Sue Whitehead, of the Macau Government Tourist Office, answers the top ten most frequently asked questions travellers want to know before visiting this little-known peninsula
Macau is a Special Administrative Region of China located on the south-east coast of China on the western bank of the Pearl River Delta. It is around 40 miles from Hong Kong. It has an area of 11 square miles, comprised of the Macau Peninsula (which is connected to mainland China) and the islands of Taipa and Coloane, which are linked by three road bridges.
Although there are no direct flights from the UK, Macau is very easy to reach via Hong Kong. Transfers by ferry from Hong Kong International Airport take just 45 minutes and luggage can be transferred directly without the need to pass through immigration or pick up baggage in Hong Kong. Macau also has its own airport served by flights from Thailand, Singapore, mainland China and other countries in the Far East.
Visitors holding a full UK passport can stay in Macau for up to six months without a visa. The passport must be valid for a minimum period of six months from the planned date of departure from Macau.
For the most up to date information, travellers should contact the Embassy of the People’s Republic of China in London: www.chinese-embassy.org.uk.
No vaccination certificates are required. Vaccinations given for life in Britain should be up to date and Hepatitis A vaccination is usually recommended along with a mosquito repellent for sightseeing. However, advice does vary so visitors should consult their GP up to six weeks prior to their trip.
The city packs a lot into its 11 square miles – so much so that a day trip does not do it justice. With the list of world-class hotels, spas, shopping and other attractions growing all the time, there is plenty to justify a stay of two to three days.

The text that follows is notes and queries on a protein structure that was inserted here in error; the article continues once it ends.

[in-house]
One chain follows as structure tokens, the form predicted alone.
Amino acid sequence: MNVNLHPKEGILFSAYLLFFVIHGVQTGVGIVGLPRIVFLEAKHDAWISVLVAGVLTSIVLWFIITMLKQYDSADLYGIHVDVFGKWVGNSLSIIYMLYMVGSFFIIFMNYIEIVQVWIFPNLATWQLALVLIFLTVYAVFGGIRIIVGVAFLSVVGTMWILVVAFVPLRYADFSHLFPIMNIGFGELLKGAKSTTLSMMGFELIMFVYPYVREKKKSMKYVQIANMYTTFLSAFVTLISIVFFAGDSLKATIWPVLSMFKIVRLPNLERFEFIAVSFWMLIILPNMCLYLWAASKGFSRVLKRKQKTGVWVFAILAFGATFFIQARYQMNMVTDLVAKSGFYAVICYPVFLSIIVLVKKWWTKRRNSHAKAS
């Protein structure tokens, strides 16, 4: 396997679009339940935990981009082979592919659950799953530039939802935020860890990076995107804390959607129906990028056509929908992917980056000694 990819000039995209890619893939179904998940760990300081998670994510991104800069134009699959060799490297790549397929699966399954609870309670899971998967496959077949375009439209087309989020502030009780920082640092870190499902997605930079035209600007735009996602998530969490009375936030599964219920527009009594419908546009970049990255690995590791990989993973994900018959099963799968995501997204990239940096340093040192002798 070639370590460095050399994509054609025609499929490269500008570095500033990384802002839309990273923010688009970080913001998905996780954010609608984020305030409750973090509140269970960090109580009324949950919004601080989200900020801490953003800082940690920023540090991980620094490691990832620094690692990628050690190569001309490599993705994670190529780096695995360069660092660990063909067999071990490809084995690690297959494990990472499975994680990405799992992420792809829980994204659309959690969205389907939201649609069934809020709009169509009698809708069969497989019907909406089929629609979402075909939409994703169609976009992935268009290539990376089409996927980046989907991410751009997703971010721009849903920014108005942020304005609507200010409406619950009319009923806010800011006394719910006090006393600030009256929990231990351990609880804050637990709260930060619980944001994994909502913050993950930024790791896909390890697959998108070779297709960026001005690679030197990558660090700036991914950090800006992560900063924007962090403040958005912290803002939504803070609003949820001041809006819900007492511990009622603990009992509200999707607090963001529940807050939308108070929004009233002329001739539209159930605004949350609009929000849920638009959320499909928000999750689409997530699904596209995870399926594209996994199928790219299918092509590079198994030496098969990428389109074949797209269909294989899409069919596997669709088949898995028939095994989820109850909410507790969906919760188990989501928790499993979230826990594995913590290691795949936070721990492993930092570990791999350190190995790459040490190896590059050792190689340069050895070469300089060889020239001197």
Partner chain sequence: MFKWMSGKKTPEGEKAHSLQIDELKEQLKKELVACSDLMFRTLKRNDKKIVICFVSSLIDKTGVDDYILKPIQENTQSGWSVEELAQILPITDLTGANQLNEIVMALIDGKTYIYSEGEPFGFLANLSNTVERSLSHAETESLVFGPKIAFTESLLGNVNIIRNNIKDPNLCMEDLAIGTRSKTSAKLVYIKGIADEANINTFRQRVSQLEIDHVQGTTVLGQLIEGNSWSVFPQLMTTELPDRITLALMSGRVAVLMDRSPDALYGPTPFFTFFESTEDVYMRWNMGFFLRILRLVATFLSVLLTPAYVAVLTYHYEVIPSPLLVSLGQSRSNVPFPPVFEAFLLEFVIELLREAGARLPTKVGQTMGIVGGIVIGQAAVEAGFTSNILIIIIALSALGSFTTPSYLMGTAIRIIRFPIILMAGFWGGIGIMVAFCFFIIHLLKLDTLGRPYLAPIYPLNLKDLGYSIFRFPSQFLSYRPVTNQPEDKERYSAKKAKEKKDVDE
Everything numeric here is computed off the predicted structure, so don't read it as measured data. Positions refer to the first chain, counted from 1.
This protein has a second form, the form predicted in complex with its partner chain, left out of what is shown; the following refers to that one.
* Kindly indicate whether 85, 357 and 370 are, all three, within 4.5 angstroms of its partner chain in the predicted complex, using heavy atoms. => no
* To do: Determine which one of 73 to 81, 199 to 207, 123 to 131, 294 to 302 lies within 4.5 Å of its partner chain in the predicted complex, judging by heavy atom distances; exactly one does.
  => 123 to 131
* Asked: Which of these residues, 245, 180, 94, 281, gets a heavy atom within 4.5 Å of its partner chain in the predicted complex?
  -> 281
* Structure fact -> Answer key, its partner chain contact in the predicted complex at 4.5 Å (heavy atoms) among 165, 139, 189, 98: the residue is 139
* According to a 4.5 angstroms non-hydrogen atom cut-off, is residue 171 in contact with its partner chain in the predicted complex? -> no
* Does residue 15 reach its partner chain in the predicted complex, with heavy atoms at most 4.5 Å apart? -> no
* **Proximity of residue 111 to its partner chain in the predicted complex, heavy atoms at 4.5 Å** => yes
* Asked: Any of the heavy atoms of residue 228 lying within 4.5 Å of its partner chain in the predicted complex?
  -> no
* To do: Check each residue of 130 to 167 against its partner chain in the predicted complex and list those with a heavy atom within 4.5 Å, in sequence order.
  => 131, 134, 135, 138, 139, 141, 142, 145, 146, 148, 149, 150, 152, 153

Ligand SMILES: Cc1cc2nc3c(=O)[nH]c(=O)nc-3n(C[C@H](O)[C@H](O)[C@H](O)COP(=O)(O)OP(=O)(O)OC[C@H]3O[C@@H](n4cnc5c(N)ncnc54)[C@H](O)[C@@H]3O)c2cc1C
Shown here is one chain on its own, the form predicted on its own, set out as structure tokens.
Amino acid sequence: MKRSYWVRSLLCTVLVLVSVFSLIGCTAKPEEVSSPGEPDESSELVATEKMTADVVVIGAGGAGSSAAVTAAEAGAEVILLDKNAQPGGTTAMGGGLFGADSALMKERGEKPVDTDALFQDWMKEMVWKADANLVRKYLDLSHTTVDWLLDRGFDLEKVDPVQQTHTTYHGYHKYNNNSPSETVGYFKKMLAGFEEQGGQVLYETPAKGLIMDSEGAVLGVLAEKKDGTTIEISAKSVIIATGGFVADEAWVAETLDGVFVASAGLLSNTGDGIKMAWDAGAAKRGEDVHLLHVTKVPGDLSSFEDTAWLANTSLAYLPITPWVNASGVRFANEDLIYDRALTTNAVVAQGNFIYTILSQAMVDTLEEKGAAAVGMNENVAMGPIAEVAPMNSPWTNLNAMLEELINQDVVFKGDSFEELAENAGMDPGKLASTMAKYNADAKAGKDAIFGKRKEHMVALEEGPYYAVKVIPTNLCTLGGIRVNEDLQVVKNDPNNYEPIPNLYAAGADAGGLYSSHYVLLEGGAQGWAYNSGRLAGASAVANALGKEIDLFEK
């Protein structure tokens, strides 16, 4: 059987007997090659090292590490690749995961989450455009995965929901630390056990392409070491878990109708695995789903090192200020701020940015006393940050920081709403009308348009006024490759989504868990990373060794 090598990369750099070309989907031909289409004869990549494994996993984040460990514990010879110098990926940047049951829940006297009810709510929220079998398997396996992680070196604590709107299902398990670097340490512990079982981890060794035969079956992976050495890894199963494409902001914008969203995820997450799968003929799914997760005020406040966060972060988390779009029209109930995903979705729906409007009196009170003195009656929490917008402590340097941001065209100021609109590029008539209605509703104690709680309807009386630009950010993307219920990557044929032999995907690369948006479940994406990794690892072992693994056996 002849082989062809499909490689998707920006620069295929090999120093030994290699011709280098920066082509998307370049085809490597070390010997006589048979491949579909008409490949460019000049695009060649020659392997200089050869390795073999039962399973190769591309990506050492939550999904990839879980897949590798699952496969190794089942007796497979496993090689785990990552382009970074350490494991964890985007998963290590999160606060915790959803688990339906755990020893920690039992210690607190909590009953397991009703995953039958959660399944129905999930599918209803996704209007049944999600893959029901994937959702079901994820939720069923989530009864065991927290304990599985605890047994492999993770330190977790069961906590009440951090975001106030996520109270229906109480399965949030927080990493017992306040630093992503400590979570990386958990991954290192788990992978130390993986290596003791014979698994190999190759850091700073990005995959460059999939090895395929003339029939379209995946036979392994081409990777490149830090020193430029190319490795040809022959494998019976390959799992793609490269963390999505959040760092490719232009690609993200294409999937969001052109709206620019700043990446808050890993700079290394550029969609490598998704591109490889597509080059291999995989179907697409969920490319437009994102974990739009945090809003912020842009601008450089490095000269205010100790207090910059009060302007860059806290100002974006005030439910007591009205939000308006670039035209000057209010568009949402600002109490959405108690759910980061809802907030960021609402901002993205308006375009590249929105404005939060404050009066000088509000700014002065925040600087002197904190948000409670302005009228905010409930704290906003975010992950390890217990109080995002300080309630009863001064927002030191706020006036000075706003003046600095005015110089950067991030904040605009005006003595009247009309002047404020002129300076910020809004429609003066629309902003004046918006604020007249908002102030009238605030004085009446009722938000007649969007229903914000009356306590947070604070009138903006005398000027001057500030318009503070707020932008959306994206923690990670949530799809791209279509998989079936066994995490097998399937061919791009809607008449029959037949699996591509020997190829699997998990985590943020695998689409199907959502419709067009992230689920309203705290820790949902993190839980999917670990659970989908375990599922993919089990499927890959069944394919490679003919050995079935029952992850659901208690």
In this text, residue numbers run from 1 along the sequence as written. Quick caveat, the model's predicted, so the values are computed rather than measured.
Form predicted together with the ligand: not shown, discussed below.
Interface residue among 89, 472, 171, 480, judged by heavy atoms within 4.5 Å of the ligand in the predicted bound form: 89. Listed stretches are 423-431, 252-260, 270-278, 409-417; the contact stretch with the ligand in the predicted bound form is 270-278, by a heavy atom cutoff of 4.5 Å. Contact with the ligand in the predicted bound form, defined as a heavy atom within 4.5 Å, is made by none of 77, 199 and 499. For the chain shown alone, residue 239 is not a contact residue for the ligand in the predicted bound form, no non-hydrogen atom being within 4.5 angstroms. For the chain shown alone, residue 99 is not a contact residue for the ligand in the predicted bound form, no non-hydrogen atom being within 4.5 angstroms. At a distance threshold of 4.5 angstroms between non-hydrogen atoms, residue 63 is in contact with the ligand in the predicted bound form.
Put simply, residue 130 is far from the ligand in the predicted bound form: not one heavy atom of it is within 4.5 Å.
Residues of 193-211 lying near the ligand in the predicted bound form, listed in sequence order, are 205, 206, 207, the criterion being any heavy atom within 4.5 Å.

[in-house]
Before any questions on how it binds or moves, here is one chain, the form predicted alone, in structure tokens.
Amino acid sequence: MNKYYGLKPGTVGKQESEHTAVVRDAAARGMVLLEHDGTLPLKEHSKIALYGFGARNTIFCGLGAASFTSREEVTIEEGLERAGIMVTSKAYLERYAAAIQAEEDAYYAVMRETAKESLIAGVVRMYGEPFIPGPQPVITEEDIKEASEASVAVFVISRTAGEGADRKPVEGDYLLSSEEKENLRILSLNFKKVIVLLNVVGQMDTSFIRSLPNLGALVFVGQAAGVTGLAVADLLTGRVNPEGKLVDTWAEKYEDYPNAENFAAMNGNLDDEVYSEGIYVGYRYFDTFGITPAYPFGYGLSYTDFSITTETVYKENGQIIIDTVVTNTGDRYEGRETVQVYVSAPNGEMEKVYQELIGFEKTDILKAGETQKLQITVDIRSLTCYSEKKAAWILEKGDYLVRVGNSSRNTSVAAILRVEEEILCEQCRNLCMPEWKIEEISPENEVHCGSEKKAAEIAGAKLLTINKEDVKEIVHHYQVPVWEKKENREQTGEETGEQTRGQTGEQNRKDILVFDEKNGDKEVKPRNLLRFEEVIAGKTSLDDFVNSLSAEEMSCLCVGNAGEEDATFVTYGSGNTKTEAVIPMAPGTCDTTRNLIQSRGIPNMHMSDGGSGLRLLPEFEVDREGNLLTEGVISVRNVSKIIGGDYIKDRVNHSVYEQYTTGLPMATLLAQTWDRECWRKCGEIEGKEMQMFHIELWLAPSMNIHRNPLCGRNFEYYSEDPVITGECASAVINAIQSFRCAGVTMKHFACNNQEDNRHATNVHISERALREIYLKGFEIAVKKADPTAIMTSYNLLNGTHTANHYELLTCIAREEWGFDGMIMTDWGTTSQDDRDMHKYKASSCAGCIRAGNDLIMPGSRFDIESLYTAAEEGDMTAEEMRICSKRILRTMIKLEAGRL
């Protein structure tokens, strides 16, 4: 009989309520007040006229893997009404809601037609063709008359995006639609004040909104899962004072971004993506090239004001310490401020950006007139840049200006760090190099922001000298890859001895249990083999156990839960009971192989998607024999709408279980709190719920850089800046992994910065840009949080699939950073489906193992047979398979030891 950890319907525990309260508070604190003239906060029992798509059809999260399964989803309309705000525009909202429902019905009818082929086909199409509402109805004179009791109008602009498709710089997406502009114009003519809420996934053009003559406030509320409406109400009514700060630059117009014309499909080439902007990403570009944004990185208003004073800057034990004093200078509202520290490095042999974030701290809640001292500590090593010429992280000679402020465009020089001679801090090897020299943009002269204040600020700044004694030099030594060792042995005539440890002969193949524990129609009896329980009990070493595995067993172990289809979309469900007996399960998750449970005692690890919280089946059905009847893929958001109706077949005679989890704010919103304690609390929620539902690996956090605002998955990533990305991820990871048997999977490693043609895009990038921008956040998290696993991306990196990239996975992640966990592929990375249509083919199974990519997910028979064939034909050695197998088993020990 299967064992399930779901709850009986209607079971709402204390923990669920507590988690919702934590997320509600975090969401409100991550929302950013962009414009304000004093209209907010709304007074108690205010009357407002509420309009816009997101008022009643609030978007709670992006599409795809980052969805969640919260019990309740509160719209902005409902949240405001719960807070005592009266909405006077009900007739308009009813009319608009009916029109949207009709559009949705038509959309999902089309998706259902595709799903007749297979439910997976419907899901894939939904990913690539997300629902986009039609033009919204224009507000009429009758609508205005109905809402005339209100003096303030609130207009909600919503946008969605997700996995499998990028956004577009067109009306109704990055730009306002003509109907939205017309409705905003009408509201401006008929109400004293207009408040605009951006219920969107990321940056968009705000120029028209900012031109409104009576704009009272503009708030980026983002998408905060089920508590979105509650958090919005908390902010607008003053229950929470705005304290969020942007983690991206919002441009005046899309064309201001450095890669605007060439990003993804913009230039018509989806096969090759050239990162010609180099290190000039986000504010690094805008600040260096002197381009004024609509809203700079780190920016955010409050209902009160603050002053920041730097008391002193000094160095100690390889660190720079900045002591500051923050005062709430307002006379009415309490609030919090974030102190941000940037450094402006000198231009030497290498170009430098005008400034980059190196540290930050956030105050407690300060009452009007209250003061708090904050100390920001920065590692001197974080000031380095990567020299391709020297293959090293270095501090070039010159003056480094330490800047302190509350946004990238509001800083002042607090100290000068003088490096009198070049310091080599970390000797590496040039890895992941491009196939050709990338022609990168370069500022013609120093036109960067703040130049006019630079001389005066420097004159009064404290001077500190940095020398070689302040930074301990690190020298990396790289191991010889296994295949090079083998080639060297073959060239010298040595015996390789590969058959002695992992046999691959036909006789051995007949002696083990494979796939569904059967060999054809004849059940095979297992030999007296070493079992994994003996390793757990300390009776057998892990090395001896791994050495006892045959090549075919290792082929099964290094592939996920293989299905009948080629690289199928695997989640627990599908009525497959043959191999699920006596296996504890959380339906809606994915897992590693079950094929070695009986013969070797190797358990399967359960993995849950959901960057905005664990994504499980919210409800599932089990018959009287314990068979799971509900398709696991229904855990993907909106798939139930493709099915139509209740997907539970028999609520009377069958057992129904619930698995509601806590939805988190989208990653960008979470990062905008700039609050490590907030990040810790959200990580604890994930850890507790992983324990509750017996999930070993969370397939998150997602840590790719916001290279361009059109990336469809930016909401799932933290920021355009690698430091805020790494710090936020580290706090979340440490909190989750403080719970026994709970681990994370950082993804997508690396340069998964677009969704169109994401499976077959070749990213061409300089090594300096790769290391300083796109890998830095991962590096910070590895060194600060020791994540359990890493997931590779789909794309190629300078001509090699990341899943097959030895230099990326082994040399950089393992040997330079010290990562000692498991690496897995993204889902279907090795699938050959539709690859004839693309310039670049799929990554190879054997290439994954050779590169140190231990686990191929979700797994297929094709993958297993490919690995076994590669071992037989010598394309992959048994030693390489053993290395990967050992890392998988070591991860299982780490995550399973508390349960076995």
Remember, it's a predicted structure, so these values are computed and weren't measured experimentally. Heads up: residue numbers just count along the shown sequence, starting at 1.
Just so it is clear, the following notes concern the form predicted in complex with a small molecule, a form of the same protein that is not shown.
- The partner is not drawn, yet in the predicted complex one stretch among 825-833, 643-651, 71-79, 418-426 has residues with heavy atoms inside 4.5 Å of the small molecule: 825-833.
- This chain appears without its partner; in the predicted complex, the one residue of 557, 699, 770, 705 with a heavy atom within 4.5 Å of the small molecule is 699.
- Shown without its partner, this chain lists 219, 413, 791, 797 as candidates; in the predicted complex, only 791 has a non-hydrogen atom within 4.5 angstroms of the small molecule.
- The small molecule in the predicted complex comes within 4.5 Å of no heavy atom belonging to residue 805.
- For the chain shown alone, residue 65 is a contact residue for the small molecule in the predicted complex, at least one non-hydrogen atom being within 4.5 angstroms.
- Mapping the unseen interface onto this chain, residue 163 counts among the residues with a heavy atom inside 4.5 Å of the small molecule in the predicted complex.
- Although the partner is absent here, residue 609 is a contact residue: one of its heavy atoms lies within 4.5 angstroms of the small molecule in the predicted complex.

Macau has a moderate to hot climate with an average annual temperature of just over 20⁰C and a yearly mean average between 16⁰C and 25⁰C. Humidity is generally high. Typhoons are possible from May to September; however, Macau’s infrastructure is well designed to cope when one blows in. The best time to visit is between October and December.
Macau uses the Macau pataca (MOP) which is linked to the Hong Kong dollar and has similar value. Hong Kong dollars are accepted in Macau, along with major credit cards. Foreign currency and travellers’ cheques can be exchanged at authorised exchange dealers and banks. ATMs throughout Macau will accept foreign cards to dispense local currency and will sometimes offer the choice to receive Hong Kong dollars.
Tipping is not customary and restaurants will routinely add a 10% service fee. However, even when there is a service already included, it is still common to tip waiters and waitresses in recognition of good service. Most bellboys, porters and taxi drivers will also expect a small tip, around MOP 10-20.
The official languages are Cantonese and Portuguese. English is widely spoken, but it is useful to travel with a note of your address written in Chinese for taxi drivers etc.
The city caters for all budgets, with a wide range of three and four-star properties as well as a fantastic range of luxury hotels. It has traditional Portuguese-style pousadas and beach-side youth hostels too.
Macau is generally a safe destination but visitors should take the usual precautions that they would take in any city, eg take extra care of passports, credit cards and money in crowded areas/late at night.